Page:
How does No Child Left Behind affect the Deaf community? The No Child Left Behind program has been receiving heavy criticism over at DailyKos lately. Check out this article by teacherken:
The multiple choice questions on the AP are almost always of high quality. And, like the SAT, there is a correction for guessing: there are 5 answers, and it is the number correct minus 1/4 the number wrong. If you can eliminate one answer guessing has a marginal positive answer, and if you can eliminate two you really should answer. ON the state's HSAs there is no correction for guessing, so I have to encourage my students to answer every question, even if they have no idea of the answer. Further, there are often multiple answers or no answer that is technically correct - the answer the state might want is the Brown v Board overturned Plessy, even though it did not. The students have to look at all the answers and take the one that stinks the least.
Teacherken is highly concerned that regular students will be wasting their classroom time and focusing instead of on their education on passing tests. Passing tests is important, but how important - and how useful, especially if you have to learn a whole bizarre system just to take the test? And what happens with Deaf children? From the American Annals of the Deaf:
NCLB has 10 titles, none of which address the education of disabled children, of whom almost 7 million are identified as attending public school. Three components of NCLB have major implications for all children, including deaf and hard of hearing students: assessment; demonstrated annual yearly progress; and the mandate for highly qualified teachers. The implications for deaf and hard of hearing children, many of whom will not be identified in the present statewide assessment system, are mixed but, on balance, negative.
Oh yes, unbalanced. I would DEFINITELY say unbalanced. Especially when this happens:
But for Corona, the tests simply mean that his third-grade son, Albert, will come home from school tired and frustrated. Albert attends a program for hearing-impaired children at Loma Vista School in Ventura. Last year, he and his classmates sat through six days of tests, only to find out months later that their scores wouldn't be counted.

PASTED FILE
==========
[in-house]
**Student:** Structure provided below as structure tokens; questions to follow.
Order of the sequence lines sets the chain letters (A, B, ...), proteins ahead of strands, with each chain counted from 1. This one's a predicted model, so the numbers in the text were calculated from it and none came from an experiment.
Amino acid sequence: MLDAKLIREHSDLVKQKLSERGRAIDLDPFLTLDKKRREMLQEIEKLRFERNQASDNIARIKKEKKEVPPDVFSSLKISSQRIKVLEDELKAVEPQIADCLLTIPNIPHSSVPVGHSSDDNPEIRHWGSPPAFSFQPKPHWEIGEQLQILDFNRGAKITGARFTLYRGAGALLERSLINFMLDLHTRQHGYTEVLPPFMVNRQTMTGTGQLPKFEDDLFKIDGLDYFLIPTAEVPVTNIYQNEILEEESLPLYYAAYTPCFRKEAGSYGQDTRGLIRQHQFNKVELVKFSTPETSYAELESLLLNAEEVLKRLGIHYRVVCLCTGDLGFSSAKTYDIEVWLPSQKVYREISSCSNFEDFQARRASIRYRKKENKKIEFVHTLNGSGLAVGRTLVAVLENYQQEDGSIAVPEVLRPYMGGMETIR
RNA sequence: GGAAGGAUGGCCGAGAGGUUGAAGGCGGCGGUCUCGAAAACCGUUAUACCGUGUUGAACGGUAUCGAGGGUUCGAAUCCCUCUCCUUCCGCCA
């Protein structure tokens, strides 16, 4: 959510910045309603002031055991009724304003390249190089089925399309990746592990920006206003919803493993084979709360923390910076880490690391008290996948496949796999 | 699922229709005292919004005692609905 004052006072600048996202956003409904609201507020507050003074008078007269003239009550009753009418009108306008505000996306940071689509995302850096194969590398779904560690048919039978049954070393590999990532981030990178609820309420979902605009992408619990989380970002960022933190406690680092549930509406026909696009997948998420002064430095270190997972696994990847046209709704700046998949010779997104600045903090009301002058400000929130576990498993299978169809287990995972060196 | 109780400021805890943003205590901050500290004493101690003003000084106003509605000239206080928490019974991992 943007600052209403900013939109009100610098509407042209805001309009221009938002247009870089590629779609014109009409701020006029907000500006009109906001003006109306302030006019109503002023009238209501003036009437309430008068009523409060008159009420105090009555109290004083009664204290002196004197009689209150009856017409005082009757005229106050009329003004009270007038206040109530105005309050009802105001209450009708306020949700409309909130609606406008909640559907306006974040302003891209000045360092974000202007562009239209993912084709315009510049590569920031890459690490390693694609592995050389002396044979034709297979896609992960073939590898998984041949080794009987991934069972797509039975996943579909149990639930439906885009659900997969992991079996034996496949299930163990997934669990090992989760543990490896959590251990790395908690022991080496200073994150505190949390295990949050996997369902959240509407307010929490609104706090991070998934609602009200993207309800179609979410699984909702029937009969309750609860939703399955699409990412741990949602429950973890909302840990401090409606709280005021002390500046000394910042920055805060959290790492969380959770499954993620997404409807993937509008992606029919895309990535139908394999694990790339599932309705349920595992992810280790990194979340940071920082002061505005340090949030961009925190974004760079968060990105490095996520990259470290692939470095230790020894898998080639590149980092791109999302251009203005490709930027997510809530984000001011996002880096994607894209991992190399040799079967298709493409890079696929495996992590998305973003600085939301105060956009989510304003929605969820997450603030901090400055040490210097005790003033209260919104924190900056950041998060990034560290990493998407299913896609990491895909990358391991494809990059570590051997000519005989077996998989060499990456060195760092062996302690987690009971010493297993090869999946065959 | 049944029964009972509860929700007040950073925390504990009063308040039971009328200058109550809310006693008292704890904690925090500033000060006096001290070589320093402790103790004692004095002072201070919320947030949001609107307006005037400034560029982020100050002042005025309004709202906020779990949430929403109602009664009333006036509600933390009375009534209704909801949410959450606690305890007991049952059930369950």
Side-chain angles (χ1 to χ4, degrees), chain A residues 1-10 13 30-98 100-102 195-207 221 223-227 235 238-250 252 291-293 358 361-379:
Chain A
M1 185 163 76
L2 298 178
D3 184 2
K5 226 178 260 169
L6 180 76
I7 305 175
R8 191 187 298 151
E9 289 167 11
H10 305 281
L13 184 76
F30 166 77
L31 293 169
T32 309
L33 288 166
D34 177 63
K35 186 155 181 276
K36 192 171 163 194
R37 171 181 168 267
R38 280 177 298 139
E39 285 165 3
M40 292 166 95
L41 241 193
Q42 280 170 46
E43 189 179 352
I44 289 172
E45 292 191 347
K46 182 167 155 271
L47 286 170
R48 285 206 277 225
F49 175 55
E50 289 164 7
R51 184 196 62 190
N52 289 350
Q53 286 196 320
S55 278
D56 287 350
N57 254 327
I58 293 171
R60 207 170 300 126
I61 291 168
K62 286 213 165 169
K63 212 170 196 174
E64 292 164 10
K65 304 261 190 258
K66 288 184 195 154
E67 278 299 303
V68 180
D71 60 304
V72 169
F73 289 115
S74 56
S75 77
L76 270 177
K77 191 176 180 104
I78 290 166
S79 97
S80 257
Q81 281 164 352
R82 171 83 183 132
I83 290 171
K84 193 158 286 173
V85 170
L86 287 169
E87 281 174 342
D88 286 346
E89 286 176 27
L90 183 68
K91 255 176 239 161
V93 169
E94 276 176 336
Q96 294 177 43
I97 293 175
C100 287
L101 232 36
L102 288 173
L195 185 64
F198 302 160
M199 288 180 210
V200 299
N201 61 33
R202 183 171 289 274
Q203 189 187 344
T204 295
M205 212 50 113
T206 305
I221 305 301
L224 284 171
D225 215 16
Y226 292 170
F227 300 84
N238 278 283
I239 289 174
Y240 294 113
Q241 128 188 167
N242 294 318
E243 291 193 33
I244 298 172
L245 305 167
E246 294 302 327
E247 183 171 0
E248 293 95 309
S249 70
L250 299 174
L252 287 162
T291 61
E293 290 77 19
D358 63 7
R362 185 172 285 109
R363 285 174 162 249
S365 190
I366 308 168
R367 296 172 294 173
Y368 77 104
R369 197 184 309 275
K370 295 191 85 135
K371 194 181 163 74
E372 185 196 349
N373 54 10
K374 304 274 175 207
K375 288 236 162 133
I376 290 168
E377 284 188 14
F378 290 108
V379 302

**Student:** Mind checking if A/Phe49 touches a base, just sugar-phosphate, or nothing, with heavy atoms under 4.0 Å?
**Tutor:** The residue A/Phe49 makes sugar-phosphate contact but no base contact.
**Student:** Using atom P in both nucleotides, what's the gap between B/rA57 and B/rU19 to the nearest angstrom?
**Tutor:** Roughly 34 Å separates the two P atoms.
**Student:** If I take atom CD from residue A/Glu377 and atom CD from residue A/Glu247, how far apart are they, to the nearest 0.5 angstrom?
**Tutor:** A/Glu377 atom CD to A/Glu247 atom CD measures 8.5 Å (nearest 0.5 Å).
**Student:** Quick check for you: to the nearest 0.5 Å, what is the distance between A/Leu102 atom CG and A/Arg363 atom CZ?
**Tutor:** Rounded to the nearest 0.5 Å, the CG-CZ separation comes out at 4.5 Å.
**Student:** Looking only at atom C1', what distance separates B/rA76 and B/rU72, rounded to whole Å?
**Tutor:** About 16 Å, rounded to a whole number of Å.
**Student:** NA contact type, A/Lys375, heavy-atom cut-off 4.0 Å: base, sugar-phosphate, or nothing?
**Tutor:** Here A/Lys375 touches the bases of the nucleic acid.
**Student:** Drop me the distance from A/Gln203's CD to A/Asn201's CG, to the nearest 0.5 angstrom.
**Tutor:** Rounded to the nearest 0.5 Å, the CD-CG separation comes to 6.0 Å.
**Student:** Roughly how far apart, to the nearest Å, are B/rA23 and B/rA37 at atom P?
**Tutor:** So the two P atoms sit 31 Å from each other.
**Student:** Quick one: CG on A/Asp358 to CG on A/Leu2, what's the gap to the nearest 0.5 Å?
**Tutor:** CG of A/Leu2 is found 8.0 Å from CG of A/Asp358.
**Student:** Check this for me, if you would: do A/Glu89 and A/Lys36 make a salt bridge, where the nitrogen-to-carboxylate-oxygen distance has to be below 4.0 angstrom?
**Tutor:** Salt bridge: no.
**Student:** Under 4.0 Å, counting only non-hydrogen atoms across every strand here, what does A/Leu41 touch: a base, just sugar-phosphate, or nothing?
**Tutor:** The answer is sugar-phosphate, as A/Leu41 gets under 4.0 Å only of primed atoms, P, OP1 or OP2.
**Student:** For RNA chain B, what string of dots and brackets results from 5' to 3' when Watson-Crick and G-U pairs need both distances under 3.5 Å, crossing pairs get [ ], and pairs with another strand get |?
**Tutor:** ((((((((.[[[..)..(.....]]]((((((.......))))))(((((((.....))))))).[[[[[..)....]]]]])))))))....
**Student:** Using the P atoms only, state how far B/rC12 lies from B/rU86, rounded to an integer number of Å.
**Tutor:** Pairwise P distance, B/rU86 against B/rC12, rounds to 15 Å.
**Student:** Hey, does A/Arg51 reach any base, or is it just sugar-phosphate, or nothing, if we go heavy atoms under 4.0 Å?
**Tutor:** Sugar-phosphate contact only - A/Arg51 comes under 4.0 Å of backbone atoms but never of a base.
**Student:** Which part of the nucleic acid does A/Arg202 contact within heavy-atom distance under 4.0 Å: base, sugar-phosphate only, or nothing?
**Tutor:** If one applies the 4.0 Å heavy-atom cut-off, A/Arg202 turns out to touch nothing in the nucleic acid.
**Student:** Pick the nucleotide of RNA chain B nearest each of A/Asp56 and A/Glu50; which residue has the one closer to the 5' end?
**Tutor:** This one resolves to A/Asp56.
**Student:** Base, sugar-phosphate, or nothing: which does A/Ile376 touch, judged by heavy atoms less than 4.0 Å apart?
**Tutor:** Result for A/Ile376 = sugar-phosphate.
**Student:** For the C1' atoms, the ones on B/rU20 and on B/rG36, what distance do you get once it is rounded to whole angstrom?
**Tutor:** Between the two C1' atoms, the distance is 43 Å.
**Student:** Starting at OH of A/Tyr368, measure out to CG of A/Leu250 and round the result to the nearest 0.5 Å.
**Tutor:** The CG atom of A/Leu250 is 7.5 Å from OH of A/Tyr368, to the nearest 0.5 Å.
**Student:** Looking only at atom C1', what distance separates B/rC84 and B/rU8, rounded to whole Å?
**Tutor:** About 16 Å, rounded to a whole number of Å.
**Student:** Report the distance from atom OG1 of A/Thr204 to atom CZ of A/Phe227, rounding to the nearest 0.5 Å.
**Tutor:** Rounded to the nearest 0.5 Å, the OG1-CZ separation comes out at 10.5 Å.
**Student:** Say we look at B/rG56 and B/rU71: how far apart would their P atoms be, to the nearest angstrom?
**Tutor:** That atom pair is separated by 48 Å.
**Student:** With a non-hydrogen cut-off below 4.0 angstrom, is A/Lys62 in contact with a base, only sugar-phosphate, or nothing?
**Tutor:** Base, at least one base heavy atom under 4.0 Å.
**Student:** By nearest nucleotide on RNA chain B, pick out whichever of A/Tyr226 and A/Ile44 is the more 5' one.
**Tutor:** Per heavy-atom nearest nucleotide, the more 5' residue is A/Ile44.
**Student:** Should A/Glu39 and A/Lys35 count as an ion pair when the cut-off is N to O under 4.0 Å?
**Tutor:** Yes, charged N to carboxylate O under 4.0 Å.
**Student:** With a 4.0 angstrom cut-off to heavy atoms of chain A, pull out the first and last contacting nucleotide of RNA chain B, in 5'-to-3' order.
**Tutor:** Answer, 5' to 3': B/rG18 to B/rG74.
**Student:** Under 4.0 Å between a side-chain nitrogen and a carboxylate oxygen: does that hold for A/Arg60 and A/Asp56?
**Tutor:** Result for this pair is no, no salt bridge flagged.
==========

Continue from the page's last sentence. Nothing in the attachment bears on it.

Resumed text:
Their teachers used sign language to give them the test questions a modification that the school and parents said the children "rightfully and legally" deserved. Deaf children, who can't learn language skills by hearing, typically fall behind grade level in reading, they said.
State officials, however, decided that the use of sign language invalidates the scores on reading, language and spelling tests.
As James Tucker said in this conversation between heads of Deaf Schools on the NAD website:
The No Child Left Behind (NCLB) Act’s logic-defying “Adequate Yearly Progress” provisions also put many public schools including schools for the Deaf students at risk.
With all the challenges on the table, the most frightening and daunting challenge is the proliferation of pediatric cochlear implant surgeries. While many children demonstrate improved hearing after receiving cochlear implants, most children with implants are visual learners and need sign language and visually-oriented classroom environments found in schools for Deaf students.
Sure. No child left behind - unless they use ASL to have the test rules explained to them. Thanks Bush! Create a WHOLE WEIRD Uuhif@&@&*!!'ed up system just to test people, then deny Deaf people access to the test-taking information... *shaking head* Worse, it seems to provide no oversight for Deaf schools. Check out this note from this essay on schools and NCLB:
A couple of depressing examples of why I trust teachers' ground-level input over their better-informed bosses' were in yesterday's and today's local newspapers -- and that's probably about as far as anybody else would have to look anywhere in the nation! The July 12 Rome [Ga.] Tribune gives this year's AYP results, and despite all the hype and PR of the past two years, the local schools are, to put it nicely, turning out cheap labor, and that's about it.Today's paper describes the sentencing of our state's previous superintendent to eight years for stealing $600,000 from the Georgia School for the Deaf. The School for the Deaf, for God's sake!So with a huge government program not providing oversight, should we really be upset when Deaf people show heightened concern about Deaf schools? And what do YOU think about NCLB?....
In other news, it's the birthday of one of my favorite girls today... she knows who she is. Be good, Starlet!